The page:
Why are the graduate students and approved researchers smiling? It definitely has something to do with the new University of Northern British Columbia (UNBC) Research Data Centre.

Learn more about UNBC’s Research Data Centre

______

 

Increase the Impact

Beyond the Beyond: Can we Increase the Impact and Reach of Scholarly Research?

From stakeholders to voters, many folks are in need of greater access and transparency when it comes to research and research outcomes.  As noted by Vicky Williams, “with increasing funder mandates for research to demonstrate broader impact – on society, policy, the economy, or the environment – research has to reach a broader audience.”

Continue reading here

______

 

OA in the Humanities

Why Is Open Access Moving So Slowly In The Humanities? By Peter Suber

While OA has made strides over the years via open access repositories (in physics) and open access journals (in biomedicine), Peter Suber provides some insight on the “nine differences between the humanities and the sciences”.

Read the first and second of his blog posts from the new series on Open Access in the Humanities” by Blog of the APA (The American Philosophical Association)

______

 

Upcoming OA/OE Conferences

 

 

OpenCon 2017 in Berlin, Germany

OpenCon affords a unique opportunity for “students and early career academic professionals from across the world” to learn about Open Access, Open Education, and Open Data” as well as to “develop critical skills, and catalyze action toward a more open system for sharing the world’s information—from scholarly and scientific research, to educational materials, to digital research data”.

 

OE Global 2018 in Delft, the Netherlands

The Open Education (OE) Global Conference is an “internationally diverse [one] devoted exclusively to open education, attracting researchers, practitioners, policy makers, educators and students from more than 35 countries to discuss and explore how Open Education advances educational practices around the world”.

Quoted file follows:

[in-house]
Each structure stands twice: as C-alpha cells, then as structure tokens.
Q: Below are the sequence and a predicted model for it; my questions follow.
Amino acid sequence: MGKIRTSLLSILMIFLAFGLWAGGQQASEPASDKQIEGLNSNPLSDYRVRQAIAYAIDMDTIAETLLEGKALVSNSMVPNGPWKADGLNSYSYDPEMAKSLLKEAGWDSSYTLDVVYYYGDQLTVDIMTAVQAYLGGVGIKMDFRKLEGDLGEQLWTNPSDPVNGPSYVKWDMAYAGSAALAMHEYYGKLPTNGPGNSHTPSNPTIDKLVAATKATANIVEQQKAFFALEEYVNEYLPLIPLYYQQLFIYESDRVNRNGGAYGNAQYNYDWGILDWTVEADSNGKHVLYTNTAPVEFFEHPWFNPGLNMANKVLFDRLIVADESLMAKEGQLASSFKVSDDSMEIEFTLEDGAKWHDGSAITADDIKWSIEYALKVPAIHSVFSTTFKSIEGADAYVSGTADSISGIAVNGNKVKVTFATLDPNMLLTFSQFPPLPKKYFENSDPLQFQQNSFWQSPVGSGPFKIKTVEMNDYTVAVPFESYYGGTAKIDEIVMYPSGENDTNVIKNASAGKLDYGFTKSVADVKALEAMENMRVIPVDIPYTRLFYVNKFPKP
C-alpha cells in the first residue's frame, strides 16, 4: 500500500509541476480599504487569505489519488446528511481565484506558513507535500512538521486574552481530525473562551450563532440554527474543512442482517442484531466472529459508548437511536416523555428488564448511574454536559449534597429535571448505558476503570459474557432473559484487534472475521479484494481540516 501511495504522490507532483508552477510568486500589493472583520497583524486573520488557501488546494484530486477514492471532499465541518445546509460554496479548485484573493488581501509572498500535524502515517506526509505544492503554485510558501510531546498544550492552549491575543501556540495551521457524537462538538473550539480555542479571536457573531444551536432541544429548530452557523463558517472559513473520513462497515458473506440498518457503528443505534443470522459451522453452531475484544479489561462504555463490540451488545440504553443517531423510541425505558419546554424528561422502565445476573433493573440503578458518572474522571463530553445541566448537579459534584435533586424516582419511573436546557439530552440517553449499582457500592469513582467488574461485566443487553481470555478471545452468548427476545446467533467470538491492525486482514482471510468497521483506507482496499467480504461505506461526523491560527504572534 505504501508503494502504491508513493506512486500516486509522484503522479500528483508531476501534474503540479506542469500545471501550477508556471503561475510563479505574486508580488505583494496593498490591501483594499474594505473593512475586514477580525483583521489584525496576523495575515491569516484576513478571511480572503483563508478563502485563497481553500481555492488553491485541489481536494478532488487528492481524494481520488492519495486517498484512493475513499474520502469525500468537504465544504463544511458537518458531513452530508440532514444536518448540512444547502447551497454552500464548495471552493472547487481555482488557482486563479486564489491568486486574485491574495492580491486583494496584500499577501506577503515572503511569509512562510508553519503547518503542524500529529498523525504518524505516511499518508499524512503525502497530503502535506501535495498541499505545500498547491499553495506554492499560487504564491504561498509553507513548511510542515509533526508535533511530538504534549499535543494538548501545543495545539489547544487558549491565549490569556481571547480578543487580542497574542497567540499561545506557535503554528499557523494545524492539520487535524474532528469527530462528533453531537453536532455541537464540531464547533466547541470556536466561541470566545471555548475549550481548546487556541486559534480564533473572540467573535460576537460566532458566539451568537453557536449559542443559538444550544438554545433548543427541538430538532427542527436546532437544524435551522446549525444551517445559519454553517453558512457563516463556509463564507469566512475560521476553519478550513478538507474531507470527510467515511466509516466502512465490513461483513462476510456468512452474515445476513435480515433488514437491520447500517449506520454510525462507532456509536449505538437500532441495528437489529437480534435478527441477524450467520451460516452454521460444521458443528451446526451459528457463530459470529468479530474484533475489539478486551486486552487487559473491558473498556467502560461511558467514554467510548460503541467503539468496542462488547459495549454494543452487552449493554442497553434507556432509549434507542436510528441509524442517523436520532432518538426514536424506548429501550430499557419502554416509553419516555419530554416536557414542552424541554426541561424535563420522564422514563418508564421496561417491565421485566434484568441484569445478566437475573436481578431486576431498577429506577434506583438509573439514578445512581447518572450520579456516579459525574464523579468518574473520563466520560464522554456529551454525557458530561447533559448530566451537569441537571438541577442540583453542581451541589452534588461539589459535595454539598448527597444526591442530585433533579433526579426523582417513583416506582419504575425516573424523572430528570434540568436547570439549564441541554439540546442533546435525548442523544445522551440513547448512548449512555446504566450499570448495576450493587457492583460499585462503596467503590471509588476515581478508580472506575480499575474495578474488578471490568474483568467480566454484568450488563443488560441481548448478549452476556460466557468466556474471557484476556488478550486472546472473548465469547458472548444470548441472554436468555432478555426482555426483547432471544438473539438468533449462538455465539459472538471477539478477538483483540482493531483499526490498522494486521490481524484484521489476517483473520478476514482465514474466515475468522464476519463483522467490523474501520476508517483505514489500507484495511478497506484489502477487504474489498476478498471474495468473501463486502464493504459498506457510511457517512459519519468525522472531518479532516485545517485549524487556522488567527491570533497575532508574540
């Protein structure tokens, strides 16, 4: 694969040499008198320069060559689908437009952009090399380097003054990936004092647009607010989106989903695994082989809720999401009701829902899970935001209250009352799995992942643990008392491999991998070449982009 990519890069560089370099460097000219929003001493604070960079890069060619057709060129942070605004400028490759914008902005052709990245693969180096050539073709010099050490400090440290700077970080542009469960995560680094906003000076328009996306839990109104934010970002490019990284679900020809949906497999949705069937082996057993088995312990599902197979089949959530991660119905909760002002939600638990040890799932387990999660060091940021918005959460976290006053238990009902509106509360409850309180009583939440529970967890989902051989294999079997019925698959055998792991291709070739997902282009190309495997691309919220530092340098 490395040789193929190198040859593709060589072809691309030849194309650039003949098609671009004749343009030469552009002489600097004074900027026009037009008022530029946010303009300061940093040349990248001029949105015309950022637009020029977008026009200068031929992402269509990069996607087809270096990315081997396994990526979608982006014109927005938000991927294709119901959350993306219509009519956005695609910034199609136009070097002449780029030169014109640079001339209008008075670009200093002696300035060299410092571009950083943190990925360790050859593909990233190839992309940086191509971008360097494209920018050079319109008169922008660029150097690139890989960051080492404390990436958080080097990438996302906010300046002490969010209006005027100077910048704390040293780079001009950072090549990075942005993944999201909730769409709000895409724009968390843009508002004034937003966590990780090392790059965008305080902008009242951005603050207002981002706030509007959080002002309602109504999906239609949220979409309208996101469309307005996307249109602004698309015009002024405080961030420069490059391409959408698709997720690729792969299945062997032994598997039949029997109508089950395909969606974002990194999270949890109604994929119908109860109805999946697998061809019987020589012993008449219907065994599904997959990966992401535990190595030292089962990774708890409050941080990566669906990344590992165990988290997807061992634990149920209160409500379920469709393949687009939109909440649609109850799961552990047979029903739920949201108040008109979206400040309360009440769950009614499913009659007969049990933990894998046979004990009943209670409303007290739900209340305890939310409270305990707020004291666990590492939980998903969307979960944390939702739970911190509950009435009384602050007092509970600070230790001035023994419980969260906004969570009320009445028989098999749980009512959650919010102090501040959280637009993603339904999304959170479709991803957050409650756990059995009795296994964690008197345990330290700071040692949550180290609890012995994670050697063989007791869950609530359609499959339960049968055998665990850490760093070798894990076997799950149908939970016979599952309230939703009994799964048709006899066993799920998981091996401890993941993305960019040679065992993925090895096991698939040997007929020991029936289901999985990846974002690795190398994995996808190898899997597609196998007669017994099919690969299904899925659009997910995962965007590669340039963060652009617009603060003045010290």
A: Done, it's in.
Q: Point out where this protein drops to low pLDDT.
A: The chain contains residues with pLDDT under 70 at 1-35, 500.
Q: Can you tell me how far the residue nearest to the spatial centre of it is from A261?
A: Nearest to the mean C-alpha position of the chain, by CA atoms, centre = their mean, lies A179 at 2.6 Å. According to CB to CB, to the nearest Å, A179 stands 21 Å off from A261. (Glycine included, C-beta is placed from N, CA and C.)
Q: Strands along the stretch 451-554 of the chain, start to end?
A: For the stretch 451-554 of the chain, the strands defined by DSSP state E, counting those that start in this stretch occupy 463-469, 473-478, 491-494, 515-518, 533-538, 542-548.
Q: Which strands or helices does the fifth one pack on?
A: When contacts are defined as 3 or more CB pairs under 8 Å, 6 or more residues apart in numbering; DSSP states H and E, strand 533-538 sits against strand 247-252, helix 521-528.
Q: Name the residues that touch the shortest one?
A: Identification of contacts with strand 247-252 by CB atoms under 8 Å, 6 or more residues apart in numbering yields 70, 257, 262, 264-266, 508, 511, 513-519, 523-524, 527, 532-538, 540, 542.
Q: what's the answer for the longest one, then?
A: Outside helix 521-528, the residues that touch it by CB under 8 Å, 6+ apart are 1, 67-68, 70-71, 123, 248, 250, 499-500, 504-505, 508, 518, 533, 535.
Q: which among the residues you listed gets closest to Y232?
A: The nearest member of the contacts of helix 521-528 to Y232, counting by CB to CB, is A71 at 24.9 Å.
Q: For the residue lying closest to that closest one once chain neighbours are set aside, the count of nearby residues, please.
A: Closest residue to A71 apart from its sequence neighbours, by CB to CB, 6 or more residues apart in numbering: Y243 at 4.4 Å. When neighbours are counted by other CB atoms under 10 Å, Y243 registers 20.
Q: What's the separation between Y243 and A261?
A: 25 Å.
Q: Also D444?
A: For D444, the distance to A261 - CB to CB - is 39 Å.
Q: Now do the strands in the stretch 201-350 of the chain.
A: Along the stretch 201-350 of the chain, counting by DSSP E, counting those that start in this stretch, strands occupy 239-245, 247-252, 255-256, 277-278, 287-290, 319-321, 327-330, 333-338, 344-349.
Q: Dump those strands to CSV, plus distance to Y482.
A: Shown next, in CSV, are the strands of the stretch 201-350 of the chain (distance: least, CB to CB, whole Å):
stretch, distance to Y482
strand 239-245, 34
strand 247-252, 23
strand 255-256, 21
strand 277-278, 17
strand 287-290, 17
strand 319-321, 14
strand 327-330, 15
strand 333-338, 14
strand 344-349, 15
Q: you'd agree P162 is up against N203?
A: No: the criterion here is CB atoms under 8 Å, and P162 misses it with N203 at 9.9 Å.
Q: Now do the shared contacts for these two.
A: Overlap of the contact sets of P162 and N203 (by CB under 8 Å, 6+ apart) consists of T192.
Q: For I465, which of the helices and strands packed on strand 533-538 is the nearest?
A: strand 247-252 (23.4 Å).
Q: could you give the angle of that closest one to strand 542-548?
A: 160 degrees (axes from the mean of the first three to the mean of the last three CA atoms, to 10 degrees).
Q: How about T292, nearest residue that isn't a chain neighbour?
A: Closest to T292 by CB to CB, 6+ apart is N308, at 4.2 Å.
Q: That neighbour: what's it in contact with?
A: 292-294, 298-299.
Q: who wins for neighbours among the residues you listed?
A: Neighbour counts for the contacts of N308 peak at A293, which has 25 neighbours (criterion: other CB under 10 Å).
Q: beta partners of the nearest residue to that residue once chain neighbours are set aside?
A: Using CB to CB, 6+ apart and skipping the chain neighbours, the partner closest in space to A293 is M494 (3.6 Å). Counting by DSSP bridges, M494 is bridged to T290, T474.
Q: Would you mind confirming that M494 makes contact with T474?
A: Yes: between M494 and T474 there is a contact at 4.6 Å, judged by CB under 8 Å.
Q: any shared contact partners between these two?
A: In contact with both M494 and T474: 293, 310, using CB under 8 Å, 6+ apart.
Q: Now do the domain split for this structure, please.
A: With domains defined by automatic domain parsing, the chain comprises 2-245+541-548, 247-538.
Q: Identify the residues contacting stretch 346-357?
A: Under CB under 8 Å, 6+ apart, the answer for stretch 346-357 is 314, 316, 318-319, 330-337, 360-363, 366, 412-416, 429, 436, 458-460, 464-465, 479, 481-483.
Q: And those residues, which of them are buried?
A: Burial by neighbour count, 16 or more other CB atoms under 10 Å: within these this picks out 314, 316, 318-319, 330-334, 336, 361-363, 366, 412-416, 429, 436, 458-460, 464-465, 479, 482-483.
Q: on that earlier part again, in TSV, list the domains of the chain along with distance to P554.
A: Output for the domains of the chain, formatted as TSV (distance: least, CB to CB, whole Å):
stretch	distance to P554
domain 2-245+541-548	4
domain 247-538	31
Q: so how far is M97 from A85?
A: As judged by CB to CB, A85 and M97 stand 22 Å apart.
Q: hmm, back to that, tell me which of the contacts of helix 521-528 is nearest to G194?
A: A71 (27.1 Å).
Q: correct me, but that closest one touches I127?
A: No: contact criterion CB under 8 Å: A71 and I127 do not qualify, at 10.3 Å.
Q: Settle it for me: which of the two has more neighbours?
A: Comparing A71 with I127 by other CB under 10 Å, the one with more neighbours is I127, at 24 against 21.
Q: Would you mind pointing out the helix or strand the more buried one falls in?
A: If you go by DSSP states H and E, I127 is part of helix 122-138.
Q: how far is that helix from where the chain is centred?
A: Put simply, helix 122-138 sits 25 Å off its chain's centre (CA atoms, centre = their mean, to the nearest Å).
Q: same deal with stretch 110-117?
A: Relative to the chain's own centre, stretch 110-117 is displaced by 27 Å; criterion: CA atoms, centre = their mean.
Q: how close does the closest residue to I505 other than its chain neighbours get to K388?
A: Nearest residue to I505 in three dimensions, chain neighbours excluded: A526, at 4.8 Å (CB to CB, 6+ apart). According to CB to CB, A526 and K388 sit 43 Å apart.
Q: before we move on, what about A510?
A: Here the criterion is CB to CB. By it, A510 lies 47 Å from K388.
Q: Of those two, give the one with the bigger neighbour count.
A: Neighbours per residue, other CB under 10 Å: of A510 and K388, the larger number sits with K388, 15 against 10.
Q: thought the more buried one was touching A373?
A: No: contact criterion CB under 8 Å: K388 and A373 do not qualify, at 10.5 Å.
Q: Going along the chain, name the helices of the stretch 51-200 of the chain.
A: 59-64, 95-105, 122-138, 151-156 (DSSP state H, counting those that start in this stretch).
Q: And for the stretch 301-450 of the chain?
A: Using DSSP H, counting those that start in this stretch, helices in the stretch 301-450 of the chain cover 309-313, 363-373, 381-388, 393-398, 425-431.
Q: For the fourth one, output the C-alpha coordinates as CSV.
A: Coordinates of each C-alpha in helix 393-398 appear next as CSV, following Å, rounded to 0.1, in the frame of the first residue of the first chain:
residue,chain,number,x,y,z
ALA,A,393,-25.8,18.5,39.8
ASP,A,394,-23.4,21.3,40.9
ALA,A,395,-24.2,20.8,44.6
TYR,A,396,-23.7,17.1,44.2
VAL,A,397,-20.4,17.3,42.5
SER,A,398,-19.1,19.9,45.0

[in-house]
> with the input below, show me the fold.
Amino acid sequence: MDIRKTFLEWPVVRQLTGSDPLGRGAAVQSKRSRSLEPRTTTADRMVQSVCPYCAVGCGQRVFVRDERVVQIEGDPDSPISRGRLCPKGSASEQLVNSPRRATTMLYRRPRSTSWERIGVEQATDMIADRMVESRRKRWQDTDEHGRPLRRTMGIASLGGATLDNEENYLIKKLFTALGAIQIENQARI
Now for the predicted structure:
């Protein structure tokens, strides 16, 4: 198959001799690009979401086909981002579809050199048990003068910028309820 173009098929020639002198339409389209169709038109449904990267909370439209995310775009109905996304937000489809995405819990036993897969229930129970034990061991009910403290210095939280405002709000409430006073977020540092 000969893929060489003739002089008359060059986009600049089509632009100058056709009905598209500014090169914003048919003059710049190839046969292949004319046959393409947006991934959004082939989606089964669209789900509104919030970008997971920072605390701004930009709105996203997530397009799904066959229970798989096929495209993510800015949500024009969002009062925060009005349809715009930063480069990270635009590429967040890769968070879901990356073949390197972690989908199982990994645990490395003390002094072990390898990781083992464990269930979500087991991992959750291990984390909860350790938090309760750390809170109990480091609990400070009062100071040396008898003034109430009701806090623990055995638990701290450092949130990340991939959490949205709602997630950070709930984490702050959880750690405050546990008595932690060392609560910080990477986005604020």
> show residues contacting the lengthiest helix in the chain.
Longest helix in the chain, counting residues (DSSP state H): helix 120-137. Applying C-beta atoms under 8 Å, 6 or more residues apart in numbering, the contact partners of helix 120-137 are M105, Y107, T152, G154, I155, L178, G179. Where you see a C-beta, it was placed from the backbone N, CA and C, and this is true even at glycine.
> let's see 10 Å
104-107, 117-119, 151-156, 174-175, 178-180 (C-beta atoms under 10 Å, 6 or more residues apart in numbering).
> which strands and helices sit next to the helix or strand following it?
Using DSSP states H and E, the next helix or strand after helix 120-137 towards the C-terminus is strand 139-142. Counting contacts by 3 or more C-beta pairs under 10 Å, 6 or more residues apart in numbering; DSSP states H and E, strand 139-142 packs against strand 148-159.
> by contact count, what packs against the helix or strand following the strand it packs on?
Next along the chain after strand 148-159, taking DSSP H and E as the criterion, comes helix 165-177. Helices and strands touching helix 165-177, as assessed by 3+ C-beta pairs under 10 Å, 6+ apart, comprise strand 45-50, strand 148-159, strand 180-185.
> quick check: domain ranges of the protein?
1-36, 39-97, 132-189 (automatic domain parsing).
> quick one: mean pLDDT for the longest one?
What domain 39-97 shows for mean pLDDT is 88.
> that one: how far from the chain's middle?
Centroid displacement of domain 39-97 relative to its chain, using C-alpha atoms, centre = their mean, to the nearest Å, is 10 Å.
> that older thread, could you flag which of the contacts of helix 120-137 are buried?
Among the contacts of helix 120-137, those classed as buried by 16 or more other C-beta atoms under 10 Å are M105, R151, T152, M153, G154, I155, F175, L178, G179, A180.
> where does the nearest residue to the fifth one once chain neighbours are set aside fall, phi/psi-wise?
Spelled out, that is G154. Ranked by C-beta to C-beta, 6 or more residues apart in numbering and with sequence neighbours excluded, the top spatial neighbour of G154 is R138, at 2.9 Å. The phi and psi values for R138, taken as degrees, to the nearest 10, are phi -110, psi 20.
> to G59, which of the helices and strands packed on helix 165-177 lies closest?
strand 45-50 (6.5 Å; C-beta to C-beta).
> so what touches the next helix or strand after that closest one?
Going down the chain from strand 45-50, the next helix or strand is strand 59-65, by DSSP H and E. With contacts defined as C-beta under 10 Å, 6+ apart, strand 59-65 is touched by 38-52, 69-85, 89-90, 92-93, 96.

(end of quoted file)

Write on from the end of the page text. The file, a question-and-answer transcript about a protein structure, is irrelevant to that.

______

 

New BCcampus Annual Review

BCcampus 2016/17 Annual Review

Highlights of faculty and instructor partnerships and projects on the future of post-secondary learning and teaching in British Columbia

Read the review here

 

 

Open-Textbooks-StickerSince 2012, the B.C. Open Textbook Project by BCcampus has created over 150 open textbooks “for the top 40 highest-enrolled subject areas in the province”. Its goal is “to make higher education more accessible by reducing student cost through the use of openly licensed textbooks”.

To date, this BCcampus project has racked up some impressive numbers not just in terms of statistics but also in student savings. For example, this project has 151 open textbooks in its collection which include 55 trades’ specific textbooks and 96 Top 40 textbooks in BC. So, how many students are using open textbooks? Exactly 14,484 so far. And how much in student savings? According to BCcampus, they measure between $1,450,300.00 – $1,839,126.00.

But what about licensing? The BCcampus open textbooks “are openly licensed using a Creative Commons license, and are offered in various e-book formats free of charge, or print on demand books available at cost”.

Read the full BCcampus news update here. And, just in case you missed it, check out our earlier blog post about one recent B.C. Open Textbook by Dr. Tony Bates. View/download it now

Above image and excerpt in italics is courtesy of BCcampus

a place of mind, The University of British Columbia

UBC Library

Info:

604.822.6375

Renewals: 

604.822.3115
604.822.2883
250.807.9107

Emergency Procedures | Accessibility | Contact UBC | © Copyright The University of British Columbia

Spam prevention powered by Akismet